Your imagination is making you fat.
OK, that is a bit severe, but research may show that an active mind could lead to larger waistlines.
A study out of Yale and reported in The Wall Street Journal suggests that those who are more gifted at vividly imagining the smells of fragrant foods, may have higher BMIs. A group of 25 responded to a three-part questionnaire that asked about visualization of general objects, food, and food fragrances and the highest correlation was between those who had the highest BMIs and those with the strongest visualization ability. A follow-up study with 57 participants confirmed the findings. Pro tip: Visualize the scent of garlic, not donuts.
Still Fast, But Not As Fake
If that food daydream leads to fast food, at least you may be able to consume something a bit more real. Yum Brands, the parent company to Taco Bell and Pizza Hut, announced it will be ditching artificial ingredients and colors for natural ones, like black pepper instead of pepper flavoring.
Also getting the boot are dyes Yellow No. 6 and Blue No. 1, two colors that when mixed might make a nice shade of green but probably don’t belong in your food.
Pizza Hut looks to make changes by the end of July, while Taco Bell, which also plans to lose high fructose corn syrup and palm oil, is targeting the end of 2015.
Want Your Kids to Eat Healthy? Focus on the Benefits
Telling your child not to run with scissors is practically an endorsement for the little dear to get crazy with the kitchen shears. It turns out telling them not to eat junk food might have the same effect.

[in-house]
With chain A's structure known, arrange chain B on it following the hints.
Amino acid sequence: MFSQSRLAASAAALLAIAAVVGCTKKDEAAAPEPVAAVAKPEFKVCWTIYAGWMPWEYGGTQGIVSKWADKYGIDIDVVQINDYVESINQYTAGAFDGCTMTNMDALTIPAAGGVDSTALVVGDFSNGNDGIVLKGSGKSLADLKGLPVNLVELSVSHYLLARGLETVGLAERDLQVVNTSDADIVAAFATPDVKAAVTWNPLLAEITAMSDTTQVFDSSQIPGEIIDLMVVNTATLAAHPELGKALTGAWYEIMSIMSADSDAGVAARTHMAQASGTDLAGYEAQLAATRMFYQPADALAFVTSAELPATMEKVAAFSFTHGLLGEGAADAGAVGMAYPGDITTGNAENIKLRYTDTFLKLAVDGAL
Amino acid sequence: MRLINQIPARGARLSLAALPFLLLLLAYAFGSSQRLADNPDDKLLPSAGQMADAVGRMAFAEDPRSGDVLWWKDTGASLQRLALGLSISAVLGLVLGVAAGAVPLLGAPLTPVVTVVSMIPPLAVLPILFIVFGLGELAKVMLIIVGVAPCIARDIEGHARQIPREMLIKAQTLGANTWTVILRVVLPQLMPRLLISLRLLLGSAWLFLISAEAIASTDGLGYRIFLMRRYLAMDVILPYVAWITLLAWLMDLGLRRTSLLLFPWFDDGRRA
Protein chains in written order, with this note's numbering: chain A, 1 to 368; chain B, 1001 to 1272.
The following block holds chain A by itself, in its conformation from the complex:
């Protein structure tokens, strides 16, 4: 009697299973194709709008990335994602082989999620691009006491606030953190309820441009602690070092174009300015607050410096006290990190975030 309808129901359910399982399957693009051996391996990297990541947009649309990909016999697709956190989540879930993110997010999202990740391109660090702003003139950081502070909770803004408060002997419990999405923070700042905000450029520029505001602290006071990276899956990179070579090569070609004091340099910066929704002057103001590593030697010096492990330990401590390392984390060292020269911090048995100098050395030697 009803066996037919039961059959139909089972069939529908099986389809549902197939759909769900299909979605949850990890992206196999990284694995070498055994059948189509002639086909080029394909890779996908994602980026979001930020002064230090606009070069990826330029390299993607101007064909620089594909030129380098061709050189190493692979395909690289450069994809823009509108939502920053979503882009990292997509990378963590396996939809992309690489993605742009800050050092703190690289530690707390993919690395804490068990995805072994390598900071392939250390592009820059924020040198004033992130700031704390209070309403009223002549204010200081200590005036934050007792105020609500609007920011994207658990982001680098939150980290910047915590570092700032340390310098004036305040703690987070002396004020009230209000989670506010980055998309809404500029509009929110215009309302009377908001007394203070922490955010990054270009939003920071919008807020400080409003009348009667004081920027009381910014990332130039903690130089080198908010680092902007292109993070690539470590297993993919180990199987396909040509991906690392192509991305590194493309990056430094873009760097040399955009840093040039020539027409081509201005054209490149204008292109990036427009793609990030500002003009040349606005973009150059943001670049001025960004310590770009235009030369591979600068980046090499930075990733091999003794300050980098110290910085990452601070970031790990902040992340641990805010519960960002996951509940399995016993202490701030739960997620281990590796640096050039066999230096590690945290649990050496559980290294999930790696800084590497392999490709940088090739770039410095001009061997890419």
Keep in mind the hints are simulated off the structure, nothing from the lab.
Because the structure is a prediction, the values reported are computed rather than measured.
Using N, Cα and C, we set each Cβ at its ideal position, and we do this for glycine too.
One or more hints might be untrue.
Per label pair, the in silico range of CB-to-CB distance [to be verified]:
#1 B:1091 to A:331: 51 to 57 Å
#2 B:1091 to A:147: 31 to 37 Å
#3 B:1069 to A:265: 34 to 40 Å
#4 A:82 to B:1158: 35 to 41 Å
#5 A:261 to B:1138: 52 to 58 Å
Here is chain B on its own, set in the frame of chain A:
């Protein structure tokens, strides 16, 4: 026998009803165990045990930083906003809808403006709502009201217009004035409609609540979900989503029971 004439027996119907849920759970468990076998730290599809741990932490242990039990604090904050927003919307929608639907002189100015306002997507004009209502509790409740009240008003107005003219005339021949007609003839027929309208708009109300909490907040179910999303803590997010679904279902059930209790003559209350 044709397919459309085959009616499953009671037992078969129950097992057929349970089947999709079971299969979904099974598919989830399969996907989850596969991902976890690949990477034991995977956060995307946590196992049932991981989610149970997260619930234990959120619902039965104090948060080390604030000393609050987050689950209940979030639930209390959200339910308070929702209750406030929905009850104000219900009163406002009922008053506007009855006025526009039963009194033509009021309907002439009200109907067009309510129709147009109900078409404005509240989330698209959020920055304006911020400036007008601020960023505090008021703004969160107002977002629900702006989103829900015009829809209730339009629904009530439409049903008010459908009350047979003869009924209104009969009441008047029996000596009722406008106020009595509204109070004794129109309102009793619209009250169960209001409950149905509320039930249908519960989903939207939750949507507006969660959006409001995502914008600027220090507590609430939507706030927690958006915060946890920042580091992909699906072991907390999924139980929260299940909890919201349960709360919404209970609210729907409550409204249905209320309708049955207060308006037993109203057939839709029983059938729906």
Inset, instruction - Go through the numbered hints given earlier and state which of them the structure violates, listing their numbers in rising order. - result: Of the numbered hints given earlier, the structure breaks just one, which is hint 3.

An analysis of 47 international studies by the Cornell Food and Brand Lab found that encouraging kids (and adults for that matter) to eat something good for them was a better tactic than sending a negative message about the less healthy option.
“If you’re a parent, it’s better to focus on the benefits of broccoli and not the harms of hamburgers,” said Cornell Food and Brand Lab director, Brian Wansink, PhD.
A State of Fitness
Washington D.C. was named the nation’s fittest city, but what about the fittest state?
According to data from the MapMyFitness tracking app, California gets the gold medal with an average of 87 workout minutes per week per person. That edged Colorado, Washington, Oregon, and Arizona. However, there’s plenty of room for improvement, considering that’s well below the 150 minutes of weekly activity recommended by the Centers of Disease Control and Prevention.
Just Keep Running
And in the ever-elusive quest to discover whether or not exercise will keep your mind sharp into old age, one study says…maybe.
A researcher at the U.S. National Institute on Aging found that midlife participants who exercised performed better on cognitive tests. The study followed 146 adults over the span of 10 years and used a combination of treadmill and MRI exams to explain their findings.
The data is inconclusive, though, as researchers not involved with the study said the connection between exercise and cognition remains unclear.
“A challenging question that is hard to get to the root of is whether exercise makes us smarter or do smarter people tend to exercise more than others,” Dr. Jeff Burns, director of the Alzheimer and Memory Clinic at the University of Kansas Medical Center in Kansas City, told Reuters.